Updated at 2:40 p.m. ET on 2017-02-14
The UN Security Council on Monday condemned North Korea's weekend ballistic missile test, while the Pentagon said it was prepared to defend allies South Korea and Japan from missile attack.
A council statement agreed to by all 15 members condemned Saturday’s launch and a previous test Oct. 19 as actions that violate UN sanctions and threaten peace. It called on all UN members “to redouble their efforts” to implement UN sanctions.
The Council met Monday evening, after a call earlier in the day by UN Secretary General Antonio Guterres for a united international response to the test.
U.S. President Donald Trump, facing the first challenge from Pyongyang of his three-week-old presidency, told reporters that Washington would have a strong response to what North Korean state media said was a successful launch Sunday of the Pukguksong-2, a "Korean-style new type strategic weapon system."
"Obviously, North Korea is a big, big problem," he said. "And we will deal with that very strongly," Trump told a joint news conference with Canadian Prime Minister Justin Trudeau.
The intermediate-range missile flew about 500 kms (310 miles) before landing into the sea between the Korean Peninsula and Japan, according to South Korea's military. The North's first missile launch of 2017 drew condemnation, from Trump, U.S. allies Japan and South Korea, as well as from North Korea's traditional backers Russia and China.
Russia and China were to join the United States and other members of the UN Security Council for an urgent meeting Monday evening to discuss Sunday's test, which violates a raft of Security Council resolutions aimed at halting the North's drive for a deliverable nuclear weapon.
Guterres said in a statement that North Korea "must return to full compliance with its international obligations and to the path of denuclearization."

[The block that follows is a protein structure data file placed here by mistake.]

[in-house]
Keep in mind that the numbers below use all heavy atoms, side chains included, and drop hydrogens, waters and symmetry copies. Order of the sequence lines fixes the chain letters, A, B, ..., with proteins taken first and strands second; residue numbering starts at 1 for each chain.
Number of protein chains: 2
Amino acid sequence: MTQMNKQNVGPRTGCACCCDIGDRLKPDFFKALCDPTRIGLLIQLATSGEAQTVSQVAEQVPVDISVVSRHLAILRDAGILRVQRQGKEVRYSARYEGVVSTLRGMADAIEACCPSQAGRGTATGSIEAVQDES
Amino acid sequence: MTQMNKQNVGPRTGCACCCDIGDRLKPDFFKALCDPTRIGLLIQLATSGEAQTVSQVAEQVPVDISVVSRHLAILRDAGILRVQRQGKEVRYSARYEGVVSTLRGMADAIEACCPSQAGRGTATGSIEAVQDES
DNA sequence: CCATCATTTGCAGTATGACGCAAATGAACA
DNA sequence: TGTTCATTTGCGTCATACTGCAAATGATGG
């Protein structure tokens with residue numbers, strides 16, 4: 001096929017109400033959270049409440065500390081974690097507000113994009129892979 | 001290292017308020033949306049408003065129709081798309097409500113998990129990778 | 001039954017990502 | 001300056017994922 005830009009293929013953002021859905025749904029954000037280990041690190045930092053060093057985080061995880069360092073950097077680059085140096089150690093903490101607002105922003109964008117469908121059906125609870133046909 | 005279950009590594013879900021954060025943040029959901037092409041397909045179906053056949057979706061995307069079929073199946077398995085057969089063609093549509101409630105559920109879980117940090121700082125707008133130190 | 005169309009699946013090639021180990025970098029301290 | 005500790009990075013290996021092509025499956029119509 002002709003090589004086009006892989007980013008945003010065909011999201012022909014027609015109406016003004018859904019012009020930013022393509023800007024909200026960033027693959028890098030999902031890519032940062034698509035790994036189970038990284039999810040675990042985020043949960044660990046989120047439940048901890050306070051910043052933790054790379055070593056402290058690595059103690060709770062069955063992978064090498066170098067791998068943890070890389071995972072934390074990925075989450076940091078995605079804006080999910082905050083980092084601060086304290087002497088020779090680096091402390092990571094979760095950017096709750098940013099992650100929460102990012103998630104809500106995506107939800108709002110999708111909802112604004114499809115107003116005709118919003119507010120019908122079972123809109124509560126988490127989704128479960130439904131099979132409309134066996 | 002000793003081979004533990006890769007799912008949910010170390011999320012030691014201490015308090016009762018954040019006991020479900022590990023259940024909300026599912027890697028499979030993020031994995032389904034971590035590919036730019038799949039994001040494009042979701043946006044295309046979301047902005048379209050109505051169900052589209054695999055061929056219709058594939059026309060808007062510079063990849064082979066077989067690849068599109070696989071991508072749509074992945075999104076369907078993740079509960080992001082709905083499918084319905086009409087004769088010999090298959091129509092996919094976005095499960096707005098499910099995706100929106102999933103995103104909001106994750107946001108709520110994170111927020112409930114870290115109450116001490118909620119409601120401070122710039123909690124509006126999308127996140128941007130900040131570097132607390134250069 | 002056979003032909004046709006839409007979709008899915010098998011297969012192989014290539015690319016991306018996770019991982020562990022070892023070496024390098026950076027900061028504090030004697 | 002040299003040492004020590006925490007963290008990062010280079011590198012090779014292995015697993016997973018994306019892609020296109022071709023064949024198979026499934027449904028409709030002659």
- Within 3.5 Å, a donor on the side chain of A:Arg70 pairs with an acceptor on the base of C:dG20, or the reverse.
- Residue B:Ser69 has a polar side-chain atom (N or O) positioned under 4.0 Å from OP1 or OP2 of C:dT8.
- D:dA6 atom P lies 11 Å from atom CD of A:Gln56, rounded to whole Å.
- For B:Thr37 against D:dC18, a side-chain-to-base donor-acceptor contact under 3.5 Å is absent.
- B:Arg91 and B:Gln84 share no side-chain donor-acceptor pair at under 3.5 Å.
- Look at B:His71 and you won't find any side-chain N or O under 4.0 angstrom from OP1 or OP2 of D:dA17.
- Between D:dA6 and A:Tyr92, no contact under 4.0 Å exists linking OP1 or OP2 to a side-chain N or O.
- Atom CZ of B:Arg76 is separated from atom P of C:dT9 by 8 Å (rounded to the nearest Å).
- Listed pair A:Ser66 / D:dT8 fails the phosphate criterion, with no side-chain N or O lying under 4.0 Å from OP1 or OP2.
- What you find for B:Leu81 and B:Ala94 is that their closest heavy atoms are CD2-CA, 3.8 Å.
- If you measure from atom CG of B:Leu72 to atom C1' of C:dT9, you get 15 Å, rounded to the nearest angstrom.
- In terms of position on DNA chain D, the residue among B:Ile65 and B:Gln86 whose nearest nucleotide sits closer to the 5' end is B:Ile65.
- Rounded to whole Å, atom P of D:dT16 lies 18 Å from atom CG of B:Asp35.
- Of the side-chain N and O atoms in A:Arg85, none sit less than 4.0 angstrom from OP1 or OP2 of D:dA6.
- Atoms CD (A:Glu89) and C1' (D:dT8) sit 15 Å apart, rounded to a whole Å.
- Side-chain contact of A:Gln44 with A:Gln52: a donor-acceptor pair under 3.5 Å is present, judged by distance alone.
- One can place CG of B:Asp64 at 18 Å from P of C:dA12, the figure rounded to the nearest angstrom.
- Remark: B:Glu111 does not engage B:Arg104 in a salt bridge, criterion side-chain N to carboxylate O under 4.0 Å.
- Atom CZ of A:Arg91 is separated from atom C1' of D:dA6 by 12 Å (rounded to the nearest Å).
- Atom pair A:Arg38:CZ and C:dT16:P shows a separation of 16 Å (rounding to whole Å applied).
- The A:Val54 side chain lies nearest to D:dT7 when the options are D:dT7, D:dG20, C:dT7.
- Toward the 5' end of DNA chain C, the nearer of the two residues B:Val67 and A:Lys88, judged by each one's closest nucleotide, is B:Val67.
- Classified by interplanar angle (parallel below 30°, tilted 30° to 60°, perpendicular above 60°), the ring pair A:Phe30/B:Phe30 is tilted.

AFP quoted Pentagon spokesman Navy Captain Jeff Davis on Monday as saying the United States and its Asian allies are capable of shooting down any missile from North Korea.
North Korea is "very open and transparent about their desire to build this capability, and we are open about our ability to defeat it," the agency quoted Davis as saying.
"We are capable of defending against a North Korean ballistic missile attack and will take all necessary measures to deter and defeat threats to us and our allies," he added.
North Korea's state-run KCNA said leader Kim Jong Un had "personally guided" test preparations for the "medium long range" Pukguksong-2, which it said was powered by a solid-fuel engine.
Kim Jong-Un "expressed great satisfaction over the possession of another powerful nuclear attack means which adds to the tremendous might of the country," said KCNA.
Analysts told RFA's Korean Service that the Trump administration should expect more provocative behavior from North Korea.
"North Korea's rocket test is much more than a 'provocation' -- it is part and parcel of Pyongyang's plan to perfect its long range intercontinental missile capability for hitting New York and Washington with nuclear warheads," said Nicholas Eberstadt of the American Enterprise Institute in Washington.
"The Trump Administration must recognize that the threat will only grow unless America and her allies take a new and different approach to the North Korea problem," he told RFA in emailed remarks.
More tests are likely no matter how Washington responds, said North Korea expert Andrei Lankov of Kookmin University in Seoul.
"I expect tough talk, and may be some gestures, like sending bombers to fly near North Korean borders. But this will not have any impact. We will see more tests, more launches in months to come," said Lankov, on occasional columnist for RFA.
Reported by Changsop Pyon and Sungwon Yang for RFA's Korean Service. Written in English by Paul Eckert.